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Speak Life and Live helps girls navigate life's challenges

Speak Life and Live helps girls navigate life's challenges

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Only $5 for 5 months

Leslie Morrison can relate to the young girls and teens she’s working with. After all, she draws on her own teen years as she works to help them navigate theirs.

Through Speak Life and Live and its Growing, Empowering, Mentoring for Success — or GEMS — program, Morrison has literally helped hundreds of girls. She does so using lessons she learned from her mom.

“The program was actually birthed as a result of in my teenage years being bullied in school,” Morrison said. “I was what they would say was a chubby child so I had the experience of being bullied in school and my mom enrolled me in Wendy Ward’s charm and etiquette class, which really helped me with my self-esteem. From having that experience years ago, that’s how GEMS was birthed.”

Now she’s teaching young women to grow through, or perhaps sometimes past, their experiences in an effort to help them build the confidence needed to make it through the sometimes difficult journey to adulthood.

The program aims to help these young women become successful in life — and in society.

She, and her program’s board which doubles as volunteers helping with classes, work with 5- through 18-year-old girls in a series of classes.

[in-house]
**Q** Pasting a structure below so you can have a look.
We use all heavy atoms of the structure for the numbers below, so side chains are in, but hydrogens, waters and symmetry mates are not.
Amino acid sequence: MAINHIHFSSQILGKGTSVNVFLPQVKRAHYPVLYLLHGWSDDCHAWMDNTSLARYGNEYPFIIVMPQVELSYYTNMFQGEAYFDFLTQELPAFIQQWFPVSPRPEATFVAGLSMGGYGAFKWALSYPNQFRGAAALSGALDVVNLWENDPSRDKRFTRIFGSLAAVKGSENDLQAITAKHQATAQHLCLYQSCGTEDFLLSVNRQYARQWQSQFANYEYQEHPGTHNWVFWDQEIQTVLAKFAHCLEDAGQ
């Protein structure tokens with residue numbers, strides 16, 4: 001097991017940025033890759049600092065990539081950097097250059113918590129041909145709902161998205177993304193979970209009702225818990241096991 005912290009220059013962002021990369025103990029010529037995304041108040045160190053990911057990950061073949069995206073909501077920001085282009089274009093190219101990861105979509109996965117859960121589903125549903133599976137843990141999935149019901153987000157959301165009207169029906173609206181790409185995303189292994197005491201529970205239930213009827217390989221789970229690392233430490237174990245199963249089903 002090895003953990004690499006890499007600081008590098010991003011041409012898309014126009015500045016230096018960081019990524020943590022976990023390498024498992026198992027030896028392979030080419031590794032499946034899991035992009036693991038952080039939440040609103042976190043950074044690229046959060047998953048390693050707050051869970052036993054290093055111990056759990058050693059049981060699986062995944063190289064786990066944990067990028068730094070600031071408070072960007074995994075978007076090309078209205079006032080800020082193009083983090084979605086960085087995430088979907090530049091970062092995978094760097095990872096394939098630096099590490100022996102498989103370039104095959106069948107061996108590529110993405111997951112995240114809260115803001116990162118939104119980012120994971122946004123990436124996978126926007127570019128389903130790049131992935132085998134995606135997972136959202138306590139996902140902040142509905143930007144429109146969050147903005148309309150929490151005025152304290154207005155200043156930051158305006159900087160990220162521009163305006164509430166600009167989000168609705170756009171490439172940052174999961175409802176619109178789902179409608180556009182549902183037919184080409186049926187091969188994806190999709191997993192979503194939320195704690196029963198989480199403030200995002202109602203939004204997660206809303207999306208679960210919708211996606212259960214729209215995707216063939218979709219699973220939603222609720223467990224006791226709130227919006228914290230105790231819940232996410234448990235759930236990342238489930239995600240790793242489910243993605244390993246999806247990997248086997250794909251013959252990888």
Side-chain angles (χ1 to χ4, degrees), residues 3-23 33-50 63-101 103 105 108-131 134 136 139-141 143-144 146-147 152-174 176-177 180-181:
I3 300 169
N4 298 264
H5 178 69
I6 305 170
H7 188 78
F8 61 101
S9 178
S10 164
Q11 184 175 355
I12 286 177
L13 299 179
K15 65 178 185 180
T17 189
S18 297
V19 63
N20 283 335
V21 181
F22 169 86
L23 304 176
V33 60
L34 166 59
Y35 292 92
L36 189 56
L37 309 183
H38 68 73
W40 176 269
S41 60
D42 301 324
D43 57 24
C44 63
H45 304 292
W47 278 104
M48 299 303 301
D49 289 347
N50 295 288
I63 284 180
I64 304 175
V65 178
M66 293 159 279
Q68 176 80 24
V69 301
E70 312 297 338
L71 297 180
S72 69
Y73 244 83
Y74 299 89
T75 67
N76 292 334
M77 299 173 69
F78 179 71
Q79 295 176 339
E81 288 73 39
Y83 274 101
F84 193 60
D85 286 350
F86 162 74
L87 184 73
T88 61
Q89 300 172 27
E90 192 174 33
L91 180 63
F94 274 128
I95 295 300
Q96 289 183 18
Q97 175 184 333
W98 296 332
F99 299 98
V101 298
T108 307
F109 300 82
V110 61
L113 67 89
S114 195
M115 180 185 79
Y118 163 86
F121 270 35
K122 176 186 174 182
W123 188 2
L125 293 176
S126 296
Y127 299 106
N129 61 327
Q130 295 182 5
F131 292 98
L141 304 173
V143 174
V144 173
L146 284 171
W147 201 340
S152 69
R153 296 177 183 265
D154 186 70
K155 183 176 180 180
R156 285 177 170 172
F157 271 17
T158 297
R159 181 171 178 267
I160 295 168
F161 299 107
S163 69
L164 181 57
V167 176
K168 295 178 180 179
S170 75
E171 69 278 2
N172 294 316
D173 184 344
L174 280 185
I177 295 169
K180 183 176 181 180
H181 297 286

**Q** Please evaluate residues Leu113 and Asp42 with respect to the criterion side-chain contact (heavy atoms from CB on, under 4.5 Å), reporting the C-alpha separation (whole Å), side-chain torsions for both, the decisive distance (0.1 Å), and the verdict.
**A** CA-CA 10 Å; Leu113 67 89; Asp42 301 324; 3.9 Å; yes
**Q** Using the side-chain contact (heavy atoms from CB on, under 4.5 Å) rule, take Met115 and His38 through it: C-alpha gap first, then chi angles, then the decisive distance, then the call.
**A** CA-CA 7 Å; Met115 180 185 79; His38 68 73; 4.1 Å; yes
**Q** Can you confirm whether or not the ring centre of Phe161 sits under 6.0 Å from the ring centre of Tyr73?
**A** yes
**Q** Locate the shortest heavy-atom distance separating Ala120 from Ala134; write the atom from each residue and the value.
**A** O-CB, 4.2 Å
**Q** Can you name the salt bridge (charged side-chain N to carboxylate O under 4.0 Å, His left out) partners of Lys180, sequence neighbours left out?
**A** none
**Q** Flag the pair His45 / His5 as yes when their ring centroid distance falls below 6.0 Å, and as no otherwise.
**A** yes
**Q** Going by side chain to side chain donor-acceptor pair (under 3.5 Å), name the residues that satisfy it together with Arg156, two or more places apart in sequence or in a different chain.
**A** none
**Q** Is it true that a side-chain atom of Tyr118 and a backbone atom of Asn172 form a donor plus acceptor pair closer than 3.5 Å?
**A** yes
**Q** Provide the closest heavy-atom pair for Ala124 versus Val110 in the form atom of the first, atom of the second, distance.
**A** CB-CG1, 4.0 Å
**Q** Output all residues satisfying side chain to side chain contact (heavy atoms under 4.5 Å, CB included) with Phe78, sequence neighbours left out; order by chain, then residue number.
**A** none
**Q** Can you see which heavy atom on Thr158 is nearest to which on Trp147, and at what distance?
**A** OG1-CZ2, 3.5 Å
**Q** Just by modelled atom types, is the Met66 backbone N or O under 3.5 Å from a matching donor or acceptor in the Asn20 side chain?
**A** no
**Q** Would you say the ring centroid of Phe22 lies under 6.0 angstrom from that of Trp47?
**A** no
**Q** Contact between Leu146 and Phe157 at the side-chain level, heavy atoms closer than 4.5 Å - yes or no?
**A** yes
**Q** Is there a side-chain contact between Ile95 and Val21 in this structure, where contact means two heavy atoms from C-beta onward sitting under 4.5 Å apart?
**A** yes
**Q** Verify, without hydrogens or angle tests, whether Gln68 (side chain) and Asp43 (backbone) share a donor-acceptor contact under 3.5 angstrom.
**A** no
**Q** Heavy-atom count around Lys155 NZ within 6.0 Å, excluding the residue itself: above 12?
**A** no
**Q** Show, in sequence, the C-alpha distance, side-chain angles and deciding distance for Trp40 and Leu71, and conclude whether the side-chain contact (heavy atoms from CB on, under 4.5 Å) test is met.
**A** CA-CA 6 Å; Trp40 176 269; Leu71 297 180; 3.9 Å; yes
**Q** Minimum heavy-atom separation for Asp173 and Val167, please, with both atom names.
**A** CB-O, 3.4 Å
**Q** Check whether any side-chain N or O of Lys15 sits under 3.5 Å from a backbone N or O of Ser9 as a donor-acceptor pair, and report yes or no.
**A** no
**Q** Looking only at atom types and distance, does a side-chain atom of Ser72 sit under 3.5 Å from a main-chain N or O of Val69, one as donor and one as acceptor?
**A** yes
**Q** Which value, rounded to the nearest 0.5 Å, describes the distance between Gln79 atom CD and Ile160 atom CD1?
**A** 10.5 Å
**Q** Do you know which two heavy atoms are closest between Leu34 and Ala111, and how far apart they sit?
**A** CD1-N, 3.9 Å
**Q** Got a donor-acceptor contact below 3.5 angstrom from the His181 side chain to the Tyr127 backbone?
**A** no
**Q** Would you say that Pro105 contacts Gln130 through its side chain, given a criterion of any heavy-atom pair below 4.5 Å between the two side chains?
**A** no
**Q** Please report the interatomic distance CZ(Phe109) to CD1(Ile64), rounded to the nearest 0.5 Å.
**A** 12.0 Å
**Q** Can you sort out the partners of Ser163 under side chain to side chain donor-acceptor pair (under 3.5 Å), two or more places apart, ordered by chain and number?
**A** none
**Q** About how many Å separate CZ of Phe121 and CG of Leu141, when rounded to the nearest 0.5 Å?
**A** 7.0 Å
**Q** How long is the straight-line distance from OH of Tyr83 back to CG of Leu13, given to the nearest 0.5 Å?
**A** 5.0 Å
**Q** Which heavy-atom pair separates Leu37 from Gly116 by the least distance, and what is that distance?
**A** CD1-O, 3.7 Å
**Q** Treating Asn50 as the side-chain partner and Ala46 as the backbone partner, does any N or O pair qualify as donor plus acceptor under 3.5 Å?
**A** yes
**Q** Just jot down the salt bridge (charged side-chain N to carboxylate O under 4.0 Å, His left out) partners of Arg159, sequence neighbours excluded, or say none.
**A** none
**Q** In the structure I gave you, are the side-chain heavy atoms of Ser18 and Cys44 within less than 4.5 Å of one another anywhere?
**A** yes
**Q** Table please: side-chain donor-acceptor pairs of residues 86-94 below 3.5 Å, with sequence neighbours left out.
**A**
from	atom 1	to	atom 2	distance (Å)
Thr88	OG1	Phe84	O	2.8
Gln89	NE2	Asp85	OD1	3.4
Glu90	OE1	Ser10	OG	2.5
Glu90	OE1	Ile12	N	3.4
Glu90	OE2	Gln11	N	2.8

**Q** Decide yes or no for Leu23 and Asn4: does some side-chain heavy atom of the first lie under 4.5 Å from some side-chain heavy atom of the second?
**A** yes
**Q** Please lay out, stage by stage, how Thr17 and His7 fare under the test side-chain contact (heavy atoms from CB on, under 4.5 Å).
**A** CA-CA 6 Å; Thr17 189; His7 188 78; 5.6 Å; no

“We have sessions for these young ladies on identity, self-esteem, communication, hygiene, conflict resolution, bullying, finances,” Morrison said.

The sessions are held at Horizon Church in Statesville. It’s a program that she launched years ago, then launched again more than three years ago as part of the Speak Life program.

Morrison says that they’ve served more than 100 girls. They also have a free camp in the summer where she worked with 40 girls last summer.

And her program has expanded beyond Statesville.

“We’ve had the blessing and the opportunity to take the program to Zambia, Africa,” she said.

To learn about the areas of focus, Morrison teaches classes herself. She also has other speakers come in to talk about specific areas and is working to have professionals whom the young women will shadow as part of their learning.

She’s considering expanding to a boys program as well.

For this program, all of the girls get to participate in a field trip, all get a T-shirt and a hygiene gift basket.

“(We) make sure that regardless of their socioeconomic status, make sure there is not one girl who is not able to be a part of all of it,” she said.

The program takes six to eight weeks and is capped by a graduation program.

She admits that in recent years, she’s seen a rise in bullying of the girls.

She recently had an additional report of a girl being bullied and in working in collaboration with Aftershock Empowerment to help those in the program deal with what is a nationally growing issue. She’s considering expanding into other areas as well and recently went to visit a safe house for sex trafficking in Maryland.

Right now, though, she’s focusing on the day-to-day issues young women face on the path to adulthood. And trying to make sure those in Iredell County are equipped to deal with whatever life puts before them.

“The goal is to try to make sure that we are instilling, putting seeds in the girls lives, to give them a foundation to be able to be productive individuals … in society and in the world,” Morrison said.

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